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Lauren Oliver

 Table of Contents

Delirium Theme of Passivity

If there's one good thing about some dystopian societies—and that's a big if—it's that the heavy lifting is done for you. Lena doesn't have to apply to colleges, go to job interviews, or even go on dates. Her education, career, and marriage are all decided for her in Delirium. This complete lack of free will is problematic for a variety of reasons, but one of the biggest ones is that Lena ends up acting like a doormat. She feels like she can't do anything about what's happening to her because that's what she's been taught. In fact, she's so accustomed to doing what she's told, we wouldn't be surprised if she turned out to be a puppet. And a lame one, too, like Howdy Doody. Eventually, Lena's going to have to realize that if she wants to be happy, she must take charge of her own life.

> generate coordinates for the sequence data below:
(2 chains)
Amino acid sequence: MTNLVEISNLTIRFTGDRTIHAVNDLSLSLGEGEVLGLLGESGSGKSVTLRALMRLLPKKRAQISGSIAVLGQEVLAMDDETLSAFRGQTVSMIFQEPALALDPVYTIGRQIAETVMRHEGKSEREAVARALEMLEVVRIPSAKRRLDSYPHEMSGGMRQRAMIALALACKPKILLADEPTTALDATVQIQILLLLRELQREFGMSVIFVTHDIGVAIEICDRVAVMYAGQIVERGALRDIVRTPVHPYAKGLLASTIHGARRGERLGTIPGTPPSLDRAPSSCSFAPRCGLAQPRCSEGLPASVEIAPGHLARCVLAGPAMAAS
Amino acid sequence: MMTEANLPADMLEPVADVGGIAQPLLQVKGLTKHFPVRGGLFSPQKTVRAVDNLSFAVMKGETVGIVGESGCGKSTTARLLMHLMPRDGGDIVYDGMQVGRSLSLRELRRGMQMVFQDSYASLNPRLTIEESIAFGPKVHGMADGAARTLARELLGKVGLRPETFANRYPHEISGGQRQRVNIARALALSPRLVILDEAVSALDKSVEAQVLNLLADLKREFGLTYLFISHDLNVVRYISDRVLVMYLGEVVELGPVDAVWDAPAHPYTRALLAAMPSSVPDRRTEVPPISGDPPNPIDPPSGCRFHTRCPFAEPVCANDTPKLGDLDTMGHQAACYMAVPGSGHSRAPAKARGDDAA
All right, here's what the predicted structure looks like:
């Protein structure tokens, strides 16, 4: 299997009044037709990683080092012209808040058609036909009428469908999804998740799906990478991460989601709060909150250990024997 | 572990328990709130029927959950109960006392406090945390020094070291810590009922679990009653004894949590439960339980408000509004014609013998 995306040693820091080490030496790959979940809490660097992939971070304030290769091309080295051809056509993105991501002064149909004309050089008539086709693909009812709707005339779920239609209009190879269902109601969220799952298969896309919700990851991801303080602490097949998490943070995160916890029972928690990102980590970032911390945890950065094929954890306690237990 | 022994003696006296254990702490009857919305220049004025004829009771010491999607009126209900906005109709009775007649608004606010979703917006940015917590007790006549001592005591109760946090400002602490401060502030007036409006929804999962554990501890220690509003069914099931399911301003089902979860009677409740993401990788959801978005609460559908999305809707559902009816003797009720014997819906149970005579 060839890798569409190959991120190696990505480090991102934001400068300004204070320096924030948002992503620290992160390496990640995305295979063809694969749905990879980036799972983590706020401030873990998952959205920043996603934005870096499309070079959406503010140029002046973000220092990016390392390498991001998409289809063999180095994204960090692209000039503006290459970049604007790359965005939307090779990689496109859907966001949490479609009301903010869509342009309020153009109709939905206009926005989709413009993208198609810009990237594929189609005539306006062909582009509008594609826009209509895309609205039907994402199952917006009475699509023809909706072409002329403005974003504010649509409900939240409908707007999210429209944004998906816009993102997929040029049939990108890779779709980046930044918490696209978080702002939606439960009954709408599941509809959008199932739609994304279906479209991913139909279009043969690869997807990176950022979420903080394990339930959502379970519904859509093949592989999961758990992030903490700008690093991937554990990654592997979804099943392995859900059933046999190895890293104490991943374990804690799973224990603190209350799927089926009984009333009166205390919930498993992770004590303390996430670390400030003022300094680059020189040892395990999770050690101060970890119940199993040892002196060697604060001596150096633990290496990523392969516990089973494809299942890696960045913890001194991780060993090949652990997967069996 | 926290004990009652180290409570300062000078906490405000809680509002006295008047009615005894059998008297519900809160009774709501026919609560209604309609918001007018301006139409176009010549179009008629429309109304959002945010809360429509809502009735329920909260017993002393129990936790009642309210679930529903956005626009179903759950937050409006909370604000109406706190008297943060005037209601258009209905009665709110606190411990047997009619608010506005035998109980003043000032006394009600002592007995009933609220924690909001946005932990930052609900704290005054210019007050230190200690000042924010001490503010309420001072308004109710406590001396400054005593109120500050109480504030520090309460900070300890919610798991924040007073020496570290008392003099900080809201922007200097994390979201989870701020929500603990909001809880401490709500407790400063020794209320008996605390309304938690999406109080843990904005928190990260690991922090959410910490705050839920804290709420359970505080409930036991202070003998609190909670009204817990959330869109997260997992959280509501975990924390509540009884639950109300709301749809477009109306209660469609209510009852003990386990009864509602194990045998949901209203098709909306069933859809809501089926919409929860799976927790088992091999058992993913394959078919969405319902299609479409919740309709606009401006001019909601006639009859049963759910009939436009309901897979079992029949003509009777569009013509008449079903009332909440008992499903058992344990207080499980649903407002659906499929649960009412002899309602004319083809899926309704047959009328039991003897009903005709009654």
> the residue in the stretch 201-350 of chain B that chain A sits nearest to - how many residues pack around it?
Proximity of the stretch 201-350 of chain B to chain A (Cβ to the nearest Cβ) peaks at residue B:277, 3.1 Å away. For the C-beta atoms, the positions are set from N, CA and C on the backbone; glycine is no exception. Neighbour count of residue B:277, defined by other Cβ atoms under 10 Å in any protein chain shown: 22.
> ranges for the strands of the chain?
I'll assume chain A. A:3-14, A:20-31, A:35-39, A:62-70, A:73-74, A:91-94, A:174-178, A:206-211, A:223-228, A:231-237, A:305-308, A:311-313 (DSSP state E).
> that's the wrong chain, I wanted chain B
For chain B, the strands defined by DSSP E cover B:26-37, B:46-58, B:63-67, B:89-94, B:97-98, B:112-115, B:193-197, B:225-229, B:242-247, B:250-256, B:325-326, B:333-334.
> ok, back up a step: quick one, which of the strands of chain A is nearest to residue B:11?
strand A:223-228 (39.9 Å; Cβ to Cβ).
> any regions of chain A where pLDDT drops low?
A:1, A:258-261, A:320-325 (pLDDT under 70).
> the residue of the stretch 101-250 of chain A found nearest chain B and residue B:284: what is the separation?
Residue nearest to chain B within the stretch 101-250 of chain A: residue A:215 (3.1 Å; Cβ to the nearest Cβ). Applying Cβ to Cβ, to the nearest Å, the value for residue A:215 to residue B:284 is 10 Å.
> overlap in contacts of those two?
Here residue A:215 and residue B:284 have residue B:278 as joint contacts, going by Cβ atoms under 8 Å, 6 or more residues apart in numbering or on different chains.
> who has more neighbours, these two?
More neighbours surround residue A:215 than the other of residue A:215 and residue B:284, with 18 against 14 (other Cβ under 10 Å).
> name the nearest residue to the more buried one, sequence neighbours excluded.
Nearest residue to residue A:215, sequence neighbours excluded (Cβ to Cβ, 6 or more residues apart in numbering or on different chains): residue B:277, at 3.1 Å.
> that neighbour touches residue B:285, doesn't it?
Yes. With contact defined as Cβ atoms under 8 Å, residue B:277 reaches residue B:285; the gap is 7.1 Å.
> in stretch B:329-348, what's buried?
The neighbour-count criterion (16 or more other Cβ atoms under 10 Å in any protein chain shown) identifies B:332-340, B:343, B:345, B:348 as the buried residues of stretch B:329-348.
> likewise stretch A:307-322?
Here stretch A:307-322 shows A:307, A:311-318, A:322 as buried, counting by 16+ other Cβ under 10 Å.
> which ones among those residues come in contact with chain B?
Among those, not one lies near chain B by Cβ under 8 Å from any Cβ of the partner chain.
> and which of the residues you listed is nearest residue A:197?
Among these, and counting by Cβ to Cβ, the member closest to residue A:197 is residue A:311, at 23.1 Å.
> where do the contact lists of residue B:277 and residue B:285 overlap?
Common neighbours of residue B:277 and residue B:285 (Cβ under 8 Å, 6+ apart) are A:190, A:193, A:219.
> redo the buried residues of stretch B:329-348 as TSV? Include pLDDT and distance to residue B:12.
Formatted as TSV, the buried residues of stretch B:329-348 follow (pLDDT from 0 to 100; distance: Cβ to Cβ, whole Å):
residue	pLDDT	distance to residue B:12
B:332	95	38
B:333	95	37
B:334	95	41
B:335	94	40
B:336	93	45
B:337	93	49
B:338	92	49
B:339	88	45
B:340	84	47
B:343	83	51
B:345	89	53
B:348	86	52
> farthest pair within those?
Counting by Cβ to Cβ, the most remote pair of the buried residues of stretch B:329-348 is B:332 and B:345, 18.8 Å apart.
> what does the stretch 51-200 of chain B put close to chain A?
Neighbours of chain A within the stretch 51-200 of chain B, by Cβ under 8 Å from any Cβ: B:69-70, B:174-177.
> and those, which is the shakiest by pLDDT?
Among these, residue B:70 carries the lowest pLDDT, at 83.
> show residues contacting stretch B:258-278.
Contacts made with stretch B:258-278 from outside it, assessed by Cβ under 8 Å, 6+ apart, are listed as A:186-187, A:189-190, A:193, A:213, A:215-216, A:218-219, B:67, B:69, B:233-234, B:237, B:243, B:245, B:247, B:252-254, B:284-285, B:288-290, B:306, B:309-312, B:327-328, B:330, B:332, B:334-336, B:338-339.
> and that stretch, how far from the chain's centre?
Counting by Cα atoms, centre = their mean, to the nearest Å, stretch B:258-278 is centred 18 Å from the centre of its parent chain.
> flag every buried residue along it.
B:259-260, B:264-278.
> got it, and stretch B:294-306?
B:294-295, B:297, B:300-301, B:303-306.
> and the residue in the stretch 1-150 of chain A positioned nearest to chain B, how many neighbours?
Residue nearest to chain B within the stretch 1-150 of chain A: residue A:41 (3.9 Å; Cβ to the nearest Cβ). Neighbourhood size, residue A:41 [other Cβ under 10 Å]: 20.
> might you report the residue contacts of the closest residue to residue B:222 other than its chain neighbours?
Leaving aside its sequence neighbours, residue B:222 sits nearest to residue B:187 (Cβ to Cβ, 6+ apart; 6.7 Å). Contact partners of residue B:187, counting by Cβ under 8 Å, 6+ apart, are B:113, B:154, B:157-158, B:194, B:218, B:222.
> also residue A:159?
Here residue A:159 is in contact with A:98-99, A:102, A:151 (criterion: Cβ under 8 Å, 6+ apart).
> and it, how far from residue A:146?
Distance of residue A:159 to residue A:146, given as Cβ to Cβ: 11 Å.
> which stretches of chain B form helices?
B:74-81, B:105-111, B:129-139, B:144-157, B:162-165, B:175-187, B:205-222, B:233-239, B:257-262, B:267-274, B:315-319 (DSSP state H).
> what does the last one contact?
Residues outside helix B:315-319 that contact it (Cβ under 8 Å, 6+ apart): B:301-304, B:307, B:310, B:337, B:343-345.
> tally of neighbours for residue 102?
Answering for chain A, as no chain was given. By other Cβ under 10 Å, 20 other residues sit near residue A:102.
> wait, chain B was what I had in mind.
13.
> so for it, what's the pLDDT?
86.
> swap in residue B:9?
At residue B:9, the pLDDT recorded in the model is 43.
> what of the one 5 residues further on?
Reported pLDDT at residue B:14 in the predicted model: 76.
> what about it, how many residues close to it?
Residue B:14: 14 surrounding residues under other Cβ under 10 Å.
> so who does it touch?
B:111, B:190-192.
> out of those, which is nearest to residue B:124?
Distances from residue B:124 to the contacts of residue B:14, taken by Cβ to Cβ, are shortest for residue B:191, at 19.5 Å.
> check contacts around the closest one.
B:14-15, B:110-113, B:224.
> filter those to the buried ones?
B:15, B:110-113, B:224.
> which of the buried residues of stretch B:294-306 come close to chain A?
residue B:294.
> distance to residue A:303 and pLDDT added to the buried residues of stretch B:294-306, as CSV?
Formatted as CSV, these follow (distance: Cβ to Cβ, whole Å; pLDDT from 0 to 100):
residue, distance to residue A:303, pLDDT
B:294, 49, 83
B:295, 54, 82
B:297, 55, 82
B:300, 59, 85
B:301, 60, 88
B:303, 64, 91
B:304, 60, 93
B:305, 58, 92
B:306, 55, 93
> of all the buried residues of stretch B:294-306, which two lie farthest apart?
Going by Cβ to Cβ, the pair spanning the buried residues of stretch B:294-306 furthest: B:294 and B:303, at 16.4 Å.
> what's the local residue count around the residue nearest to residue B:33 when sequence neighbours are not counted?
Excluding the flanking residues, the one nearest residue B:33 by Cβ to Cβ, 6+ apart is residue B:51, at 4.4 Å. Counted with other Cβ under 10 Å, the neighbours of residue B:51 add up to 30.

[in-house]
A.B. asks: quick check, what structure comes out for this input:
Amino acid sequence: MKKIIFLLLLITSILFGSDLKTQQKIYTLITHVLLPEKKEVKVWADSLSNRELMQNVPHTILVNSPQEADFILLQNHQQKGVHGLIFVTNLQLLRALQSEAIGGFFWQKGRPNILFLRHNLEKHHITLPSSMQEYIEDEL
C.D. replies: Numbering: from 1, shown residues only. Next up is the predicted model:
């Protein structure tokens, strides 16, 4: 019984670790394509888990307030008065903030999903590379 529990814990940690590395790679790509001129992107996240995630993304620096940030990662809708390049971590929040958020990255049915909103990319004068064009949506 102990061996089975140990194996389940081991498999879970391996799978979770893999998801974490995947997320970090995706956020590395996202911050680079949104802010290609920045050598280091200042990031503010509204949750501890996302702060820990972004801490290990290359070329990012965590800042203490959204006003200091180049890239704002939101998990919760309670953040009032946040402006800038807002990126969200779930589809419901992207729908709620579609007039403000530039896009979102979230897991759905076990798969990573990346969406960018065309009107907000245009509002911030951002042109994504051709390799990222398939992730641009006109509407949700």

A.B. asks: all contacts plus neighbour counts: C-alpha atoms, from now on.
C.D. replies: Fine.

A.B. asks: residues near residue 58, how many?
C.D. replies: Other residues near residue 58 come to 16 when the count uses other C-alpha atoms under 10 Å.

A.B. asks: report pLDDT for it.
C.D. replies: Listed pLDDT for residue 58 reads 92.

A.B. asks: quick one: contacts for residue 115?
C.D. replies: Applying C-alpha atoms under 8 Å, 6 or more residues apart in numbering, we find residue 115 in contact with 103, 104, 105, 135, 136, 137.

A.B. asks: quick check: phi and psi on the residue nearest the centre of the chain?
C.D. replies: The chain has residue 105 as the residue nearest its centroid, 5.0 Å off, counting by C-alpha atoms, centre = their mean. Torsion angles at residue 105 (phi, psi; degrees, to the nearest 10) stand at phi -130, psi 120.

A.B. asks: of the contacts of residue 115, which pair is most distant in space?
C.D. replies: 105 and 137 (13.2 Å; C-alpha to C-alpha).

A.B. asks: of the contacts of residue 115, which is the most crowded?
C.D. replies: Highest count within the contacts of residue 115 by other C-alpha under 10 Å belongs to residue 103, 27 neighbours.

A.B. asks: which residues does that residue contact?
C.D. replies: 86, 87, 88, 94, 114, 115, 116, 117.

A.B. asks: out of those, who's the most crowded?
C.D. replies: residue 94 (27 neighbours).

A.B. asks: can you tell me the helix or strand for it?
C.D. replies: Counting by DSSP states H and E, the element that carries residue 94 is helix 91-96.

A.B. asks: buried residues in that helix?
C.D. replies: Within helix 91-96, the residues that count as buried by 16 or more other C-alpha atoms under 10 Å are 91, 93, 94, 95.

Questions About Passivity

  1. Is Lena a strong-willed or weak-willed character? Support your answer with quotes from the text.
  2. Does Lena's government encourage its people to be weak? If so, how does it do this?
  3. What are the consequences of passivity when the Regulators conduct their raids?

Chew on This

Agree or disagree? Try on an opinion or even start a debate.

Lena has been conditioned to do what she's told, so it's only natural that she lets people walk all over her.

Hana lives in the same city and goes to the same school as Lena, but she's a rebel—she seeks out boys and banned entertainment. So it's Lena's own nature that makes her passive, not her environment.

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